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ERIC Number: ED462470
Record Type: Non-Journal
Publication Date: 2001-Jan
Pages: 53
Abstractor: N/A
Reference Count: N/A
ISBN: N/A
ISSN: N/A
New York City Social Indicators Survey, 1999: Pulling Ahead, Falling Behind.
Meyers, Marcia K.; Teitler, Julien O.
The New York City Social Indicators Survey examines New York City's social climate, surveying a representative sample of families regarding their perceptions of life in the city and indicators of their quality of life and experiences of hardship. The 1999 survey examined the period between 1997-1999, a time of strong economic performance and substantial change in welfare, health care, and other public policies. During this period, life improved on many dimensions. More families had some financial assets and at least moderate affluence, more considered their neighborhoods good and safe, fewer were crime victims, and more were satisfied with life in the city and city services. The diversity of the residents of New York City continued to increase, with the foreign-born population growing by 12 percent. There was little improvement on indicators of distress and disadvantage. Disparities between the "haves" and "have nots" remained wide. Families who were poor, headed by an immigrant, or with children continued to lag their more advantaged counterparts. The gap between rich and poor narrowed on certain dimensions (e.g., crime and neighborhood satisfaction) but grew on indicators of wealth, financial hardship, and satisfaction with the city. The economic situation of the poorest New Yorkers did not greatly improve between 1997 and 1999. The proportion of families at or below 150 percent of the poverty line remained the same, and more families reported hunger and difficulty in paying their utilities. The gap between immigrants and non-immigrants and between families with and without children grew on most social indicators. Data tables and methodology are appended. (SM)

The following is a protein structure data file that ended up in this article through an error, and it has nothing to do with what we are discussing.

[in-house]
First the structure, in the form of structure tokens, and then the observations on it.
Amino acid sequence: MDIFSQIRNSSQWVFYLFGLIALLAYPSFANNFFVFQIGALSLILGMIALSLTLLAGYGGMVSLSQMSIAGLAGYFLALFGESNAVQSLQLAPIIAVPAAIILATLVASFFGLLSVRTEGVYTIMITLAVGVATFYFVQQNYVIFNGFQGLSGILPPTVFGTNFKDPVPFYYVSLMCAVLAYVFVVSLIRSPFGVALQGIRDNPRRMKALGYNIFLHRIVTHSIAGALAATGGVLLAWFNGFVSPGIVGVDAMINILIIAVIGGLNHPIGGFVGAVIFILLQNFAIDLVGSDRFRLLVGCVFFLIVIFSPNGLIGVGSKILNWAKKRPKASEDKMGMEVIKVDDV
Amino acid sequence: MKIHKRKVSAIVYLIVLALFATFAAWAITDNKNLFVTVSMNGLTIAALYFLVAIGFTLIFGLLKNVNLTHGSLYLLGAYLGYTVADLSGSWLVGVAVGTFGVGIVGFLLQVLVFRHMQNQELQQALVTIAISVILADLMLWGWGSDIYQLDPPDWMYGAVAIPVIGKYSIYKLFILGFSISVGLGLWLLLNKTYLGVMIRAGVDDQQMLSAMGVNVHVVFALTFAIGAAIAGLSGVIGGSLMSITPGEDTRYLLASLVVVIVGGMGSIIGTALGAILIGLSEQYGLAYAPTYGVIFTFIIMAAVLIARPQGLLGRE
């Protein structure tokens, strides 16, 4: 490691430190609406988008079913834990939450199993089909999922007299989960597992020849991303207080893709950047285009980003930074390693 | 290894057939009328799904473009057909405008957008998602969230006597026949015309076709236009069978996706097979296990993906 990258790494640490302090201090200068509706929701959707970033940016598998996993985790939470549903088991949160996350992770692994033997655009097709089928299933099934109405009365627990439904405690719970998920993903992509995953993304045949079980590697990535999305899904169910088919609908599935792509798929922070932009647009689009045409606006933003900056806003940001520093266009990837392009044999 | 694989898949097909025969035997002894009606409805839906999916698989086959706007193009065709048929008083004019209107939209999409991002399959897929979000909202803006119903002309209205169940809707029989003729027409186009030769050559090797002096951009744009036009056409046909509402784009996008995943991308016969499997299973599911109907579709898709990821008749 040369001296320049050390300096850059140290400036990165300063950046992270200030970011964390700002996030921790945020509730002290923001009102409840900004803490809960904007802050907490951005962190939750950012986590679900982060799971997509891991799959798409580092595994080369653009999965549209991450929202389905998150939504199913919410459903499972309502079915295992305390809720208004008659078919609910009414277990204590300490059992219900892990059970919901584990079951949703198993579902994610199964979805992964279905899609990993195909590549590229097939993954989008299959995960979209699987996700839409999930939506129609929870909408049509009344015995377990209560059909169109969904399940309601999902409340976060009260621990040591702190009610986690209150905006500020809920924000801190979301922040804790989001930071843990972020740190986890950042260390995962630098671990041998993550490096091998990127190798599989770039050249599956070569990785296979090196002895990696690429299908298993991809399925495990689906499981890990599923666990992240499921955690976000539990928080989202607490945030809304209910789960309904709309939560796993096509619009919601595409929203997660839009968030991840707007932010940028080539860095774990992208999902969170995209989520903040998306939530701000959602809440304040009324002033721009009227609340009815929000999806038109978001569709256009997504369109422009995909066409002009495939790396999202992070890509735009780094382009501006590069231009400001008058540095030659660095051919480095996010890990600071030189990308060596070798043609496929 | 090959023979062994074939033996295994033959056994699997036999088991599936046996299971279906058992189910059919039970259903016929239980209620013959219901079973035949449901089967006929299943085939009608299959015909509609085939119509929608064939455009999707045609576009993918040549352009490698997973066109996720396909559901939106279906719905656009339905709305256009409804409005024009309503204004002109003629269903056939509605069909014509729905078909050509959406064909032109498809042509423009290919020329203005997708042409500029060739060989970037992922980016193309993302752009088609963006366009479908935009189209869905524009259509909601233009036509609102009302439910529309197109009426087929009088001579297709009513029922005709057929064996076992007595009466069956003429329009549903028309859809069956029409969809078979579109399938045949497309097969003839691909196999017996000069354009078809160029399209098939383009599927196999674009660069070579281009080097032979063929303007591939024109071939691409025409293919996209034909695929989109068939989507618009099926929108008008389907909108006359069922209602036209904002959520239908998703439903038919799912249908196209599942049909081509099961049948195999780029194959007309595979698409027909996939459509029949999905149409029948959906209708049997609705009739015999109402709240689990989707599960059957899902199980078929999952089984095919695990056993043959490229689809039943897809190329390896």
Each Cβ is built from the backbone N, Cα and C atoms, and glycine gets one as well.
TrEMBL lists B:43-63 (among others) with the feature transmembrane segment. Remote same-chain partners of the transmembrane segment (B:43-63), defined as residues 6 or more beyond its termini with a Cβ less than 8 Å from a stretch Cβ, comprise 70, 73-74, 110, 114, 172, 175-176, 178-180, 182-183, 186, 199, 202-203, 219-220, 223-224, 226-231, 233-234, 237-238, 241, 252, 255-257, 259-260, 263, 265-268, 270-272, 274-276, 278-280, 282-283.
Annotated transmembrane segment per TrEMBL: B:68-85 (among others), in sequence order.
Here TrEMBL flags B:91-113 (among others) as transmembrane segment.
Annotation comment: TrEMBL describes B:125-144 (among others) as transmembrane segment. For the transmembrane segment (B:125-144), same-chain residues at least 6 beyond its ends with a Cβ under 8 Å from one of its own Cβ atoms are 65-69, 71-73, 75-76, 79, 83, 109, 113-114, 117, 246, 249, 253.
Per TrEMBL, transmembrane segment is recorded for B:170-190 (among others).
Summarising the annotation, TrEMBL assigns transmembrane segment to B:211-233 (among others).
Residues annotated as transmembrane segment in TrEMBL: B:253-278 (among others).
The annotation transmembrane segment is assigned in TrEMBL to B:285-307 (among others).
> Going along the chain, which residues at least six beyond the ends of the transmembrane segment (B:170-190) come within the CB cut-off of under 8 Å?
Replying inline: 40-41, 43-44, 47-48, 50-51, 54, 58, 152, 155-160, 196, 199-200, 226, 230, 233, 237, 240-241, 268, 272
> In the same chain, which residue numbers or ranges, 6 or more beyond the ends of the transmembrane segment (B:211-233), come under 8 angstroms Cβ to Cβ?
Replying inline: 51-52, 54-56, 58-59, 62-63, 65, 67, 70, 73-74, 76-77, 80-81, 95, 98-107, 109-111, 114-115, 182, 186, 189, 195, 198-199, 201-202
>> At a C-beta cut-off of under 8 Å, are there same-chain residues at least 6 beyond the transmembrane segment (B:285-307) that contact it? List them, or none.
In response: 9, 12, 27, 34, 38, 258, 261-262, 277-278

Social Indicators Survey Center, Columbia University School of Social Work, 622 W. 113th Street, New York, NY 10025. Tel: 212-854-9046. Web site: http://www.siscenter.org.
Publication Type: Numerical/Quantitative Data; Reports - Research
Education Level: N/A
Audience: N/A
Language: English
Sponsor: Ford Foundation, New York, NY.; Foundation for Child Development, New York, NY.
Authoring Institution: Columbia Univ., New York, NY. School of Social Work.
Identifiers - Location: New York (New York)